The temple is of the Thai Theravada Buddhist tradition and closely affiliated with the Kelantanese Thai monastic chapter (khana song rat Kelantan) in Malaysia.
It began with Jao Khun Wijaranyanmuni (Jao Khun Khron, 1876-1962), the late chief abbot of Wat Uttamaram (also known as Wat Bang Saet) in the village of Bang Saet, Pasir Mas, Kelantan. He was the former chief monk of Kelantan and the first known monk in Kelantan to have received the monastic title of Jao Khun (although he passed away 15 days before he was to receive the ceremonial fan of office from King Phumiphol).
In 1962 (BE 2505), Jao Khun Khron was invited to visit Singapore by his devotees here. It was on this trip that he informed his followers of his intention to have a piece of land in Singapore to build a temple. Mr Tan Khe Wat, a Singaporean Chinese man was present when the monk spoke of his intent and willingly offered him a piece of land 2.5 ha in size to Jao Khun Khron.
A short time after having been given the land, Jao Khun Khron passed away.
The land was originally swampy and included a deep pond. Local Chinese villagers used the area to grow grassy vegetables to be used as fodder for pigs, ducks and chickens.
Kampong temple with its supporters
Founder of Uttamayanmuni temple
Group of founders at first temple kampong site
1963 - 1973
Construction of the temple proper began in 1963 (BE 2506) under the directorship of the late Phra Khru Silakhunaphorn (Than Mitr, 1930-2001) who at the time held the monastic title of Phra Palad. He had been given full rights to the land by Jao Khun Wijarayanmuni Jantr (1909-1992), Jao Khun Khron’s successor and Kelantan’s second Jao Khun. Jao Khun Jantr instructed Phra Palad Mitr to be the chief abbot (jao awat) of the Singapore temple and to oversee its completion.
The temple was given the name Wat Uttamayanmuni. This was derived from a combination of Wat Uttamaram and Phra Wijarayanmuni (the monastic name of Kelantan first Jao Khun).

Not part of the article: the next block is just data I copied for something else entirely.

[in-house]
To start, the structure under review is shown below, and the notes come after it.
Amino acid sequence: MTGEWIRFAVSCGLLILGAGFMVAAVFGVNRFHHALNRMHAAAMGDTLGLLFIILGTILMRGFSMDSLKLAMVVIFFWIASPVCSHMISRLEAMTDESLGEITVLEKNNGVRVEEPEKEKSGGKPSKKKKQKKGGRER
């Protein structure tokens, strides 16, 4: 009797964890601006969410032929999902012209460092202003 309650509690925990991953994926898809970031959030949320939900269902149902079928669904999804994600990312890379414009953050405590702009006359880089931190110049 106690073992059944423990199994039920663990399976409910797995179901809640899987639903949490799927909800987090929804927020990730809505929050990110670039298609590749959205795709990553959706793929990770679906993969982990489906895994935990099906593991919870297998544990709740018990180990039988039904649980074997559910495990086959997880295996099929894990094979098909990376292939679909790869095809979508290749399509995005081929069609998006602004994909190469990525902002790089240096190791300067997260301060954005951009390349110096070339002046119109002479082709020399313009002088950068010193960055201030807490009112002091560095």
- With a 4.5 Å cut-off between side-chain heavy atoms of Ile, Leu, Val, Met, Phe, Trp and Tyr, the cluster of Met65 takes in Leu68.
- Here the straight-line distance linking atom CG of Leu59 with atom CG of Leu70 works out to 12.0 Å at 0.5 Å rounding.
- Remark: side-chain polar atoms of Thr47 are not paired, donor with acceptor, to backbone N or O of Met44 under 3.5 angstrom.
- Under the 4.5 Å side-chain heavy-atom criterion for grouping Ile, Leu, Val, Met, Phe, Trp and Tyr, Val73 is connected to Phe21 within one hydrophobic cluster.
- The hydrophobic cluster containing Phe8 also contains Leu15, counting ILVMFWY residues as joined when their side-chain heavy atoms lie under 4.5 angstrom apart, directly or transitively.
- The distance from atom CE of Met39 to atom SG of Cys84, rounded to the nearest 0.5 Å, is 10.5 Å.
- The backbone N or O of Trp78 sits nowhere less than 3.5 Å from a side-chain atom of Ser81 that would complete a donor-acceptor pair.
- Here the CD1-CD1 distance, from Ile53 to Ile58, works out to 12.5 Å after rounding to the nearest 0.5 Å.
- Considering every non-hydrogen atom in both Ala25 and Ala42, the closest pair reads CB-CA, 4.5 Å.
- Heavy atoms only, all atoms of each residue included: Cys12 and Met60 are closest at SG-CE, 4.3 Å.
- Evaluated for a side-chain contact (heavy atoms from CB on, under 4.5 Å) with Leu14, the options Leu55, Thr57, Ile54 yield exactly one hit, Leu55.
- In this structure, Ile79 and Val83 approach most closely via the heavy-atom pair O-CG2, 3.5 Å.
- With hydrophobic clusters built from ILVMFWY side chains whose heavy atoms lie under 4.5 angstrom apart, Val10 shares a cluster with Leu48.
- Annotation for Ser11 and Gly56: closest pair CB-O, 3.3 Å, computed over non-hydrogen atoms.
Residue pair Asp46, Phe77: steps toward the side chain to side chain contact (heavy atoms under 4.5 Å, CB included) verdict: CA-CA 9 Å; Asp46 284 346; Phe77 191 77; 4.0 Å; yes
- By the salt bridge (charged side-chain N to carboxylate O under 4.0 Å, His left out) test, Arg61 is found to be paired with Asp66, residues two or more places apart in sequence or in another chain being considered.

The first building to be constructed in 1963 was a wooden residence for monks (kuti) with a row of room for three monks and three nuns. There were also 2 lay helpers who lived at the temple. Chinese and Thai devotees in Singapore assisted the temple in securing the necessary finances so as to reclaim the swamp and low lying pond, converting it into high ground.
First completion of temple
Mei Chee posing with a temporary Buddha Altar
Early Sangha, Mei Chee posing with the Singha Lion at the main shrine
Phra Maha Suwansuranat assisted Phra Palad Mitr to obtain plans for the construction of the main shrine hall (ubosot) from the Fine Arts Department in Bangkok. The actual construction of the ubosot did not begin until a few years later pending approval from the Singapore government. Once approved, a ceremony of burying foundation stones (phithi wang silaruek) was held. The guest of honour at the event was Jao Khun Jantr. The first stones were planted at the auspicious time of 10.30am on Tuesday, September 11, 1973 (BE 2516).
In January 1980 (BE 2520), Thailand’s then Prime Minister, Thanom Kitikachorn and his family presented a donation of tiles to be used on the roof of the building.
In October of the same year, Mr Phenke Jongsanguan donated the main Buddha image in the ubosot.
Abbot with invited builders from Thailand
Ariel View of the temple grounds in 2020
Main Shrine at night
Writeup by courtesy of Upasaka Irving Johnson
Photos by courtesy of UBT Photo library